Techs and the City: Marci Weisler

Techs and the City: Marci Weisler


Much has been said and written about the lack of women in the tech sector, be it as investors (or associates), founders or in management positions at major companies. Is the problem the old boys network – or that success in technology is seen as a young man’s game?  In this series, we speak with some of the top industry women in New York as they discuss the challenges they face, the perceptions that need to be changed and the work that’s being done – or not – to help to promote women in tech. 



Marci Weisler has been working in and advising startups since the early days of the online industry in New York. Her latest venture is SWSI:  Smart Women. Smart Ideas– a media brand and multi-screen show that helps women entrepreneurs of product and services companies anywhere to get their business to the next level through competition and crowd funding. Weisler and Co have launched a crowdfunding campaign to get it going, and are doing all they can to help get women entrepreneurs to the next level.

What was/is the biggest challenge facing you as a female entrepreneur?  

I’ve spent much of my career in startups as the only woman on a senior management team.  For the most part, I’ve had a voice in the room, but was often the minority.  It’s better now, but early on, it was hard to find peers and mentors who were women to share experiences and provide advice.

What can be done to further promote female entrepreneurship in New York?  

Women need to help women—collaborate, conspire and work together.  There are so many smart, amazing women who just need urging and support to get ahead.    Look at the ladies of the senate who got the country going again.

What is being done that you like presently?  

I’m seeing a number of new organizations and initiatives that are pushing the effort forward.   I think that both VCs and senior managers within companies need to learn to appreciate the value that female employees bring, not just checking the gender diversity box.  Women often think differently and that perspective opens new conversations.  Particularly in businesses that target women as clients, it’s SO important to have women in the room for customer-oriented decision-making, and it’s amazing how many stories I’ve heard where that is not the case.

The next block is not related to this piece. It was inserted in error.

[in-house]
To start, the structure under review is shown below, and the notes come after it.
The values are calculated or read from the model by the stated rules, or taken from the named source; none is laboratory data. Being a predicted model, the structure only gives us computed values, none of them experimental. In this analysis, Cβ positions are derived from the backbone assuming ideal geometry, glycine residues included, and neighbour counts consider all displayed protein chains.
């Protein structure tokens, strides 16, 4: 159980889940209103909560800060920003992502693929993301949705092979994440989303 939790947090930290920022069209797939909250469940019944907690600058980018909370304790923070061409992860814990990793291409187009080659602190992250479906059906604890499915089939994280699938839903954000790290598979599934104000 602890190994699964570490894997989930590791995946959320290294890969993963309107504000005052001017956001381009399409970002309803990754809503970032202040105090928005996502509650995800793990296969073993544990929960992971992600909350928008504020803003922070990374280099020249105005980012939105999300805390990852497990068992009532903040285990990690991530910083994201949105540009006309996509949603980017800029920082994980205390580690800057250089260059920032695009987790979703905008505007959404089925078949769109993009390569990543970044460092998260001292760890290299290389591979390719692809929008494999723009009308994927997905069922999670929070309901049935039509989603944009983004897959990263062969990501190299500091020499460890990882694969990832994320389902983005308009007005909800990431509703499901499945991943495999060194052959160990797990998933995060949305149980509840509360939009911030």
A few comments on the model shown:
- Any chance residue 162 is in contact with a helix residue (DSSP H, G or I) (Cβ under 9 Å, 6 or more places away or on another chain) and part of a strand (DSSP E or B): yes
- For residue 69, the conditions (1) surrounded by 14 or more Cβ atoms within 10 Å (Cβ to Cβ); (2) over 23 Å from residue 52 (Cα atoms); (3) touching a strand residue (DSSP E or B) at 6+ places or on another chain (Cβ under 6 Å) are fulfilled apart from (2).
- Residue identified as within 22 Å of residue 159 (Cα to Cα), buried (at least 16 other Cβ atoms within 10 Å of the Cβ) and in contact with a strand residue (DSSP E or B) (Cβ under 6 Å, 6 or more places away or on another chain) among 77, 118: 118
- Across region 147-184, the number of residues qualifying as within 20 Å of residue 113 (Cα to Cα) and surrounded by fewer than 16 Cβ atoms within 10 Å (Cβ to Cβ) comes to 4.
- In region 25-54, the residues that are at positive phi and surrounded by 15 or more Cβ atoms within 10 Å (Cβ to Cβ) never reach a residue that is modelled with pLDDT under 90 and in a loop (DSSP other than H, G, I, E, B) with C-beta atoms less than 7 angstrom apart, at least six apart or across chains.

I also love all the tech/coding initiatives targeting women—and kids– of both genders.   These skills are so critical and I wish someone had inspired me to learn these skills.  I will be encouraging my son to learn these and would push a daughter, if I had one.

Are you involved in any organizations that help to promote female entrepreneurship?

I’ve been part of Women in Wireless for a long time and Women in Digital Media.  Over the last year or so, I’ve served as a mentor at WIM and think they are doing great work—both in terms of the incubator program and their events.  Additionally, I meet young female entrepreneurs often and have casual discussions and offer advice.

Do you feel investors have a different mindset when it comes to investing in a woman-run company?

They definitely do.  It’s not universal, but many investors are still more inclined towards men.  There are so few women VCs in the room.  That’s why alternative forms of investment are often interesting to women.   And while the work/life balance is often unsaid, it’s sometimes felt—and it’s real—but there are ways to work smarter and better and still be successful, especially for those of us who have some experience already.

Do you think that women in top roles at major tech companies are scrutinized more closely than their male counterparts?   

I’m not sure about scrutinized, but it’s often harder to be heard and harder to have achievements recognized and get compensated or promoted accordingly.    This isn’t just about tech though.

Where do you and your company fit into the ecosystem?

My co-founders, Heidi Lehmann and Suzette Cabildo, and I started SWSI:  Smart Women. Smart Ideas to promote women and entrepreneurship and help female founders get to the next level.   It’s clear that women have a harder time raising money.   Our first project is a multiscreen reality show for female founders of PRODUCT companies (as opposed to tech) who’ll compete to get access to capital, and the audience can also help crowdfund them and buy their products.    Our research made it clear there was a big gap both in funding women and funding businesses that do not fit the metrics that VCs require.    With digital distribution, participants get access to broad audience and can leverage global rather than local networks.    We are practicing what we preach and just launched our own crowdfunding initiative with Plum Alley, the first crowdfunding platform focused solely on women run businesses.   You can check out our project here.

About the author: AlleyWatch

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